If St. Paul had been the representative of a powerful world ruler, he might have been on his way to a world conference carrying in his briefcase the perfect plan to guarantee peace once and for all. If he had been a scientist, he might have had in his suitcase the news of a great discovery that would simply revolutionize the knowledge people have of themselves and of the world in which they live. If he had been a medical man, he might have carried with him a paper regarding a vaccine to protect against every illness and against the advancing weakness that makes people feeble in their old age. But Paul was no diplomat, no scientist, no medical doctor. He carried neither briefcase nor hypodermic needle.

Paul represented a Ruler, before whom all beings in heaven, and on earth, and in the world below eventually will have to fall on their knees. For every other ruler death comes at last. Paul was the messenger of a Ruler who rose from the dead. Earthly rulers have to go in the end, but Paul was the ambassador of a Ruler whose full power will be disclosed at the end. Paul had nothing much to show for himself, but he had a Lord, a commission, and a message.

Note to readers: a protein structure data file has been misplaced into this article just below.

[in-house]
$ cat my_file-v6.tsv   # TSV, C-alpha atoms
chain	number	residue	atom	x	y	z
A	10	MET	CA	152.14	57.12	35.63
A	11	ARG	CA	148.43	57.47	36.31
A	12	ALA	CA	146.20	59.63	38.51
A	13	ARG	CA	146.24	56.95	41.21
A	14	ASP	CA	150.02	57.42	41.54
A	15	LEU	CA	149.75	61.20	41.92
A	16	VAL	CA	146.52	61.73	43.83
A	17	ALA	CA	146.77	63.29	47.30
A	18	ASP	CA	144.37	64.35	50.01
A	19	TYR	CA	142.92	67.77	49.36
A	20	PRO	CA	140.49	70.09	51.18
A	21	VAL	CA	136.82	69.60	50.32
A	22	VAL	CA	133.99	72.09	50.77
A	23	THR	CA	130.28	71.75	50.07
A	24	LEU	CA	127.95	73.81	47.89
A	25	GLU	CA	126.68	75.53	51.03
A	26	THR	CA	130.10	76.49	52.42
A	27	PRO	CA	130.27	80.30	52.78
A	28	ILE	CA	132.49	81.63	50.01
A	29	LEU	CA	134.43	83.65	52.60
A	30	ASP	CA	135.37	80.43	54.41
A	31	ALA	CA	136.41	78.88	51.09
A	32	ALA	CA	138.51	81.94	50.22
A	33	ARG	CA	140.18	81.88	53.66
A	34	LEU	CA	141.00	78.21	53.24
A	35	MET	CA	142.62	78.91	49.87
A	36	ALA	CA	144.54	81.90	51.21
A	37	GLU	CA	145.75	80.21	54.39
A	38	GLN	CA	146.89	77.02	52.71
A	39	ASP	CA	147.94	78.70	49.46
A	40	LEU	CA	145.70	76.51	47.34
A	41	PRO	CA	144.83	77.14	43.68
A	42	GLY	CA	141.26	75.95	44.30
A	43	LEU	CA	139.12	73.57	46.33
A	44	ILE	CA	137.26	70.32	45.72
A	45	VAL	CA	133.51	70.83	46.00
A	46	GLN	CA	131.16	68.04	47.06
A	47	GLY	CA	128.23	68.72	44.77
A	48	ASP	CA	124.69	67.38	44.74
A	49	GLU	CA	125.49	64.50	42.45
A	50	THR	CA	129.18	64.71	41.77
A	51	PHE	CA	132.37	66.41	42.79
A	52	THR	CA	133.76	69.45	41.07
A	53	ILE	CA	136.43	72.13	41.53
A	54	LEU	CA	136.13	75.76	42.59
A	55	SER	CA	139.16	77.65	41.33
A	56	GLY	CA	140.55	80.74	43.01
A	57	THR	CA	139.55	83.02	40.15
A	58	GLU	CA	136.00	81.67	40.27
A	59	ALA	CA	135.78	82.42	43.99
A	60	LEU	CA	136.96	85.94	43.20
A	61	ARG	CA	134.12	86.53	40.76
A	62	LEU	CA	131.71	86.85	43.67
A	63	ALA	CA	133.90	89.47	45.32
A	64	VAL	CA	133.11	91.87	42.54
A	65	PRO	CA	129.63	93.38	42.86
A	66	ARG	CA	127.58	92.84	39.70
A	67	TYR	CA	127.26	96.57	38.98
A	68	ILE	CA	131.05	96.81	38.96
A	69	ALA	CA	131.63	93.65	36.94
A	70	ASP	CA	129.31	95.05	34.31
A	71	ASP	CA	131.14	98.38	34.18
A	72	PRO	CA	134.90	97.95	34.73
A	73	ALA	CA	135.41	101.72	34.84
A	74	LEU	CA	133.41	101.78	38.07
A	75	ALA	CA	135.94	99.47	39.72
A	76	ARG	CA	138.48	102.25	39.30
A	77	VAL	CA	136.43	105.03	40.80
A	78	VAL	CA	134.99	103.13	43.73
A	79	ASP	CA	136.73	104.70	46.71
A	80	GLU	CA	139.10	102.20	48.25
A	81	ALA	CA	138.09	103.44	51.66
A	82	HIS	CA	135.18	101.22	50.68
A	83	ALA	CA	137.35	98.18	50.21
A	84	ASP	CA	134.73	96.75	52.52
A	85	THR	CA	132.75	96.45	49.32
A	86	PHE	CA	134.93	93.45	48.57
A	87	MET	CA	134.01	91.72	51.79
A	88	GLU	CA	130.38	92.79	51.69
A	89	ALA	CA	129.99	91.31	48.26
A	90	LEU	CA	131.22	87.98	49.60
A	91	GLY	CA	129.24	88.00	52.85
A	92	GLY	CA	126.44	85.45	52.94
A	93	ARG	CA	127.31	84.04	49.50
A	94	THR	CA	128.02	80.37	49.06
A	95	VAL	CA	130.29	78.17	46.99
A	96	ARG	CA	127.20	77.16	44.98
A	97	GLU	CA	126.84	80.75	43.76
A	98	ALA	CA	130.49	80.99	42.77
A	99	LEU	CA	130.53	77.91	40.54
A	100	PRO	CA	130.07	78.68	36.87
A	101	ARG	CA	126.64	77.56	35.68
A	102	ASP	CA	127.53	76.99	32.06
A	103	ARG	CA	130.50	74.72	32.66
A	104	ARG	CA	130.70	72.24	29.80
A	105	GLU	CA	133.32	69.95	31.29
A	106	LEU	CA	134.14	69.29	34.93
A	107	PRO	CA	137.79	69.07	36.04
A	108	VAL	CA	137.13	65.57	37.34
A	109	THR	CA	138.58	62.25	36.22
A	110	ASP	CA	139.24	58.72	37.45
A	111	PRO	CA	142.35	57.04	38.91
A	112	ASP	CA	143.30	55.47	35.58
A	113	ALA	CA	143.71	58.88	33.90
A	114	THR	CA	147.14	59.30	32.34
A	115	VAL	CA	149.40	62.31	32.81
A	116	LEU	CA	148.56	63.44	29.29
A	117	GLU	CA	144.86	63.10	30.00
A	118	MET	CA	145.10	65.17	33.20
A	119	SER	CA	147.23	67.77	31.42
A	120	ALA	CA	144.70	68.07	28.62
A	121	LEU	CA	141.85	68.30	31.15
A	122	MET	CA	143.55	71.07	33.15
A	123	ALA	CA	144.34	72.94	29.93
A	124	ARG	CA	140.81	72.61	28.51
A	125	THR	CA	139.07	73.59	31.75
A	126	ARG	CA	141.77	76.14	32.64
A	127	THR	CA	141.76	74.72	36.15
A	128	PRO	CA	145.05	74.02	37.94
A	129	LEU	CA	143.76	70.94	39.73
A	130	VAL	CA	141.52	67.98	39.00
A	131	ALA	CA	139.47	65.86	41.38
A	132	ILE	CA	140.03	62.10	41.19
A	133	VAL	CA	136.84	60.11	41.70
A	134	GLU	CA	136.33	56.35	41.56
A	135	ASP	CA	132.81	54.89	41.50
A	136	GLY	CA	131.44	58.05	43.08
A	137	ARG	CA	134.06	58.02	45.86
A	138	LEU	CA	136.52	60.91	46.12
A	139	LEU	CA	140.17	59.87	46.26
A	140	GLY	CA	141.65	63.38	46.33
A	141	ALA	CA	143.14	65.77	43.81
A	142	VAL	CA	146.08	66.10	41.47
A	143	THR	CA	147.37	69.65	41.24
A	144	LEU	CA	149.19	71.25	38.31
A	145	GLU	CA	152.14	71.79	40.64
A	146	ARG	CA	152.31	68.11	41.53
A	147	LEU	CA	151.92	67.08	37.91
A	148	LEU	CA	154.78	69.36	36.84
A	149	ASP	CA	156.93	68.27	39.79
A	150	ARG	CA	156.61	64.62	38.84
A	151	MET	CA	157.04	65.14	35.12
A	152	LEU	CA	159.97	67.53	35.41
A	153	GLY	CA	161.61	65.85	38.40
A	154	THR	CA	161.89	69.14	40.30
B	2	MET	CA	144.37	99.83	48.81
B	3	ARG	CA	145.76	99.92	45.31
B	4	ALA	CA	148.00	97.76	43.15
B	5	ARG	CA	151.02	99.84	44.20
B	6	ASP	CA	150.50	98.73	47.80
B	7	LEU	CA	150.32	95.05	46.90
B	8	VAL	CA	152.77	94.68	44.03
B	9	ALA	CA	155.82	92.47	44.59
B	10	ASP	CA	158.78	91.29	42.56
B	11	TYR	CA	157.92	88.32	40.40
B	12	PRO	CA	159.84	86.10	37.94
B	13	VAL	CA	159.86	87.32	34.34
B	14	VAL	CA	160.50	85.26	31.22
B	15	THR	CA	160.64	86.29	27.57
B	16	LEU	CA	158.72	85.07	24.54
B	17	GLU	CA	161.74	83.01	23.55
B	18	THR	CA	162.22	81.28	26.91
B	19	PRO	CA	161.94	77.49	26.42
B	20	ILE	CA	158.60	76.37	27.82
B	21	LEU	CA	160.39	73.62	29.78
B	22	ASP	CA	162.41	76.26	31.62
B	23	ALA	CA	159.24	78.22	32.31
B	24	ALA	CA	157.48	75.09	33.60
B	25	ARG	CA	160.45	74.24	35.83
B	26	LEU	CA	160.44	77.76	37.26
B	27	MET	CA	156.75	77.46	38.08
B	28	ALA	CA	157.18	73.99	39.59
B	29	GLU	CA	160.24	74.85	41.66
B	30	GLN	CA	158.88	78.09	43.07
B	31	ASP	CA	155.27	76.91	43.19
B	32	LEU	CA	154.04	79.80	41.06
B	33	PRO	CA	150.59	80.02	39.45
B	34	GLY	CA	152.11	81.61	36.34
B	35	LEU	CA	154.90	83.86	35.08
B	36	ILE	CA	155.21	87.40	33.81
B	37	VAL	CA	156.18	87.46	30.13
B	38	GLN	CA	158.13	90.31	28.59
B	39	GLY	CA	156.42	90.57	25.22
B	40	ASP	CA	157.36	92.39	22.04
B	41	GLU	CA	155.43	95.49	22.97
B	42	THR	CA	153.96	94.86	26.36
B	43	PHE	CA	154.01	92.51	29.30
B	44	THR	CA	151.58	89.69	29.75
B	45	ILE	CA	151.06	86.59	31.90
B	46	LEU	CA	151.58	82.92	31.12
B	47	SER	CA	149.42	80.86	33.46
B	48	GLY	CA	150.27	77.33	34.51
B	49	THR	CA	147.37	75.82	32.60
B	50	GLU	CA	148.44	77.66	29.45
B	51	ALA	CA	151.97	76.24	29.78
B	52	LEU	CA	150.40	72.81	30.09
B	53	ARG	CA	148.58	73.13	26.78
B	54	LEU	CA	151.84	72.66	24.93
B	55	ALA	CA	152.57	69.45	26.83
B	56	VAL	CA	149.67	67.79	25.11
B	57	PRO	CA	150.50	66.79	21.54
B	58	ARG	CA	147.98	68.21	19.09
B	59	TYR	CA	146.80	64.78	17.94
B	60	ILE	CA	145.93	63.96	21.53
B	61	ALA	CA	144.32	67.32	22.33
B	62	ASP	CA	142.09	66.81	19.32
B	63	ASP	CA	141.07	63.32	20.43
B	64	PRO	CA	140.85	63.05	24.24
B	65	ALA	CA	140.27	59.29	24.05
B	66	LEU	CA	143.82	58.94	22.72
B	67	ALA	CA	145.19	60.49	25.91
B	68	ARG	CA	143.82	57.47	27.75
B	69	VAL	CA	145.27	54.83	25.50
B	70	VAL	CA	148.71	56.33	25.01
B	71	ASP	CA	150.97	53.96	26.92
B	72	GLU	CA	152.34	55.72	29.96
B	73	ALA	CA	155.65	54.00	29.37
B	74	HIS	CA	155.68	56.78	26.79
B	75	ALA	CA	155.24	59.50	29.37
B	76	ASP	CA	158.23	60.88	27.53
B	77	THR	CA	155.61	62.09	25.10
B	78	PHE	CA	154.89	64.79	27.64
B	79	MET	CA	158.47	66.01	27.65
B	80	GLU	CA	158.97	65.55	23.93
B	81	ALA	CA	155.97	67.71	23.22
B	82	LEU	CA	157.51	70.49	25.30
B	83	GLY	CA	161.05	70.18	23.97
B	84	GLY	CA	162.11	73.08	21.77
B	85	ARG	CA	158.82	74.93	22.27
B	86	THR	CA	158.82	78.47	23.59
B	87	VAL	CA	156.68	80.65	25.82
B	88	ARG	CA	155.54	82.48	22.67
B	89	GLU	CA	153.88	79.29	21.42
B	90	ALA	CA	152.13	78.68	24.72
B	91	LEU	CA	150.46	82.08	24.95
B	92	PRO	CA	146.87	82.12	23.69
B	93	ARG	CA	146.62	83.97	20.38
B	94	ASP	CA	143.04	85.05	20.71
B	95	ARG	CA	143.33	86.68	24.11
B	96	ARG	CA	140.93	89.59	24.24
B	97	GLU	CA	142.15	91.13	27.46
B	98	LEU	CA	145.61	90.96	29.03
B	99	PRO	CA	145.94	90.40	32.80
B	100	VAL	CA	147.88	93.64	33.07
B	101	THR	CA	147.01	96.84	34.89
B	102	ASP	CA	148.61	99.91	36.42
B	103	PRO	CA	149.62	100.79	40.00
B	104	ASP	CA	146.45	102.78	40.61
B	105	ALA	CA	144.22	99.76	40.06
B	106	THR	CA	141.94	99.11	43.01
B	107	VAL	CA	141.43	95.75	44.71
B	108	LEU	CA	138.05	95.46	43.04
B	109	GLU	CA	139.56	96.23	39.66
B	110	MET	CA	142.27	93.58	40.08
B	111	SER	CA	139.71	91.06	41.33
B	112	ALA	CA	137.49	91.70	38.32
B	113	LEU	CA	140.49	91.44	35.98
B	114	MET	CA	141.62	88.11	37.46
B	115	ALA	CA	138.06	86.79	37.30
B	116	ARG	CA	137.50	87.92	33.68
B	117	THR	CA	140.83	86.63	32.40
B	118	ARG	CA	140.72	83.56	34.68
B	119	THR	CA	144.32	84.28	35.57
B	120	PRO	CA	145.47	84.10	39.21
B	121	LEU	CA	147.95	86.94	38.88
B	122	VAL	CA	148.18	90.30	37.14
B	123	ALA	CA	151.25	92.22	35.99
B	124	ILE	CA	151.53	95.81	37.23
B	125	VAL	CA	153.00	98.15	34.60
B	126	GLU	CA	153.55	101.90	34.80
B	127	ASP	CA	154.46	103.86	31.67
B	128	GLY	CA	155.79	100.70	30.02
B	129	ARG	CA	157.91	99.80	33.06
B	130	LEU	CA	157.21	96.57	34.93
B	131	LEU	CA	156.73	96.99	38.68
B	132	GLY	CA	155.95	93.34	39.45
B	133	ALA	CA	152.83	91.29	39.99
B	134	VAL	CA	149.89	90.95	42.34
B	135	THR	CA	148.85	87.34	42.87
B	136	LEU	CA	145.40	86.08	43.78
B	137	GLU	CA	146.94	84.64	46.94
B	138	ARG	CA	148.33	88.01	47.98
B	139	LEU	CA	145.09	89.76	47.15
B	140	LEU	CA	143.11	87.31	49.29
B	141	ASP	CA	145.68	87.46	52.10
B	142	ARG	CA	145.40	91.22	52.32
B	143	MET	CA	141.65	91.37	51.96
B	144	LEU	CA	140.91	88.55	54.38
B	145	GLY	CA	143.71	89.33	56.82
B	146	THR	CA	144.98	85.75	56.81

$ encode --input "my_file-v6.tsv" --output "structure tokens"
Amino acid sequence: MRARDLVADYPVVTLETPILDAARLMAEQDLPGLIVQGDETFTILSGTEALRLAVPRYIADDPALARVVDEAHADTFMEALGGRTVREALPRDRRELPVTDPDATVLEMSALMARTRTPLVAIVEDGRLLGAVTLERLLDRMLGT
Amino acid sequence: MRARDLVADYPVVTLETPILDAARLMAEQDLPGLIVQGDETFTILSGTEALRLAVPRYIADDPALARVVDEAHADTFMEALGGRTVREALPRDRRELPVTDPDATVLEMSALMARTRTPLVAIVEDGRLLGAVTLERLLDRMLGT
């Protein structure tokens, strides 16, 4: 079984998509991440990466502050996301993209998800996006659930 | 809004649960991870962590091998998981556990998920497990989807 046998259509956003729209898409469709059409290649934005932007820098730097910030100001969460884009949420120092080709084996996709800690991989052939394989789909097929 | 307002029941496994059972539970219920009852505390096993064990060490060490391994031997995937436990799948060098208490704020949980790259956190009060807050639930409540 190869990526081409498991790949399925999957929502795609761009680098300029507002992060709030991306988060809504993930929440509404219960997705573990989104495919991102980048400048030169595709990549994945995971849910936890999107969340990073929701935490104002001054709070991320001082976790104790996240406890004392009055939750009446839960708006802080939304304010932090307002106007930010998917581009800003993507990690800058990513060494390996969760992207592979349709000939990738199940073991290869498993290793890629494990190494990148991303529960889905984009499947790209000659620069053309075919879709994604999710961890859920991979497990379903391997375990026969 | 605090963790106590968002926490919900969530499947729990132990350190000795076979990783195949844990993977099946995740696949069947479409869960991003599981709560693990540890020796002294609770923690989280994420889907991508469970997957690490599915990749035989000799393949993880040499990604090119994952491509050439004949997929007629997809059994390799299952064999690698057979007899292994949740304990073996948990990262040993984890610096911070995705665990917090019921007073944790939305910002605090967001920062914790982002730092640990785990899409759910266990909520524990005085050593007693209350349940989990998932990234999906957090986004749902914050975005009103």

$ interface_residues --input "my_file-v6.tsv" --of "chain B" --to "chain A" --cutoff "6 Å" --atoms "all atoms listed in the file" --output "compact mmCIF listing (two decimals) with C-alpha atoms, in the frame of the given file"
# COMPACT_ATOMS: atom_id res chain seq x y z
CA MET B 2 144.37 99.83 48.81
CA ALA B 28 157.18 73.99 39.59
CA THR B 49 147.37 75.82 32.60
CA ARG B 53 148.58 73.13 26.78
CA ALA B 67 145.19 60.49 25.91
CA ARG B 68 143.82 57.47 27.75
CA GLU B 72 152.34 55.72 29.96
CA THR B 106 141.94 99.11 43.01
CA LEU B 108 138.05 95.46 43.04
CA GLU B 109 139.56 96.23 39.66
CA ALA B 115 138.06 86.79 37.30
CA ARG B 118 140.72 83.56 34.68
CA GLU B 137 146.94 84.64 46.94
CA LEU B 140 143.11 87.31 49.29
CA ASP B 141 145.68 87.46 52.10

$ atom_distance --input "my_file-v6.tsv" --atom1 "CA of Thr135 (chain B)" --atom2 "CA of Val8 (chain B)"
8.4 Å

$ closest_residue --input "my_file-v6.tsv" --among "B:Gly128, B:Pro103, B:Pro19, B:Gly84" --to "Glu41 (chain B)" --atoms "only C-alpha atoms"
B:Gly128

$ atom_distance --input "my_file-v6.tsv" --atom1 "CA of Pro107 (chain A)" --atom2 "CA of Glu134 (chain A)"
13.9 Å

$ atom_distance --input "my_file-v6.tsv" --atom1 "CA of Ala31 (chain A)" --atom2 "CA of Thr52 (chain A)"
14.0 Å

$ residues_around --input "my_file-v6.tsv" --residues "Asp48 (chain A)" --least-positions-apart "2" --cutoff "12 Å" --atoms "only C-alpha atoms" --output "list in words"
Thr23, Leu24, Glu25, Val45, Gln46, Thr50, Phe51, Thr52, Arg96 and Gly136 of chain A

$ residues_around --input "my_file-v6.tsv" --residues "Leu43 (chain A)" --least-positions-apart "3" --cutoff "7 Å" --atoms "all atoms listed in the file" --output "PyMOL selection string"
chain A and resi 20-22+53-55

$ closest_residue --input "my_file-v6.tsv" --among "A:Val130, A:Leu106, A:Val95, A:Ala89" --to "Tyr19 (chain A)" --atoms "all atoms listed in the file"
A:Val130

Having found Jesus Christ as his personal Savior, this man Paul had an obligation: "I am a debtor" he said, "both to the Greeks and to the Barbarians; both to the wise and to the unwise, to the educated and to the uneducated. I owe something to every man, and it makes no difference who or what or where he is. So much as in me is, I am ready to preach the Gospel to you that are at Rome also."

Paul was a debtor, and he was ready to pay. He had been brought into the family of God by faith in Jesus Christ; he had been called, chosen, to be Christ's apostle. Into his hands God had placed his gift to the world, the Good News of Christ. Since the Good News is for the world, St. Paul had to give it to the world. Christ's will was his will. Christ died for all, so Paul had to live for all. That's the way it is for every man, whom Christ has found and who has found Christ.

This man Paul never forgot what God had done for him in Christ: "I give thanks to Christ Jesus our Lord, who gave me strength for my work. I thank Him for considering me worthy and appointing me to serve Him, even though in the past I spoke evil of Him and persecuted and insulted Him. God was merciful to me because I did not believe and so did not know what I was doing. Then our Lord poured out His abundant grace on me and gave me faith and love which are ours in union with Christ Jesus. It is a true saying, to be completely accepted and believed: 'Christ Jesus came into the world to save sinners.' I am the worst of them, but it was for this very reason that God was merciful to me in order that Christ Jesus might show full patience in dealing with me, the worst of all sinners, as an example for all those who would later believe in Him and receive eternal life."

The obligation under which Paul found himself did not come from sentimentality. His was no half-hearted attachment to some idealistic crusade. His debt was a living, driving thing, urging him on to preach the Good News to people everywhere. Telling the Good News was an obligation he had to God. "How terrible it would be for me," he said, "if I did not preach the Gospel."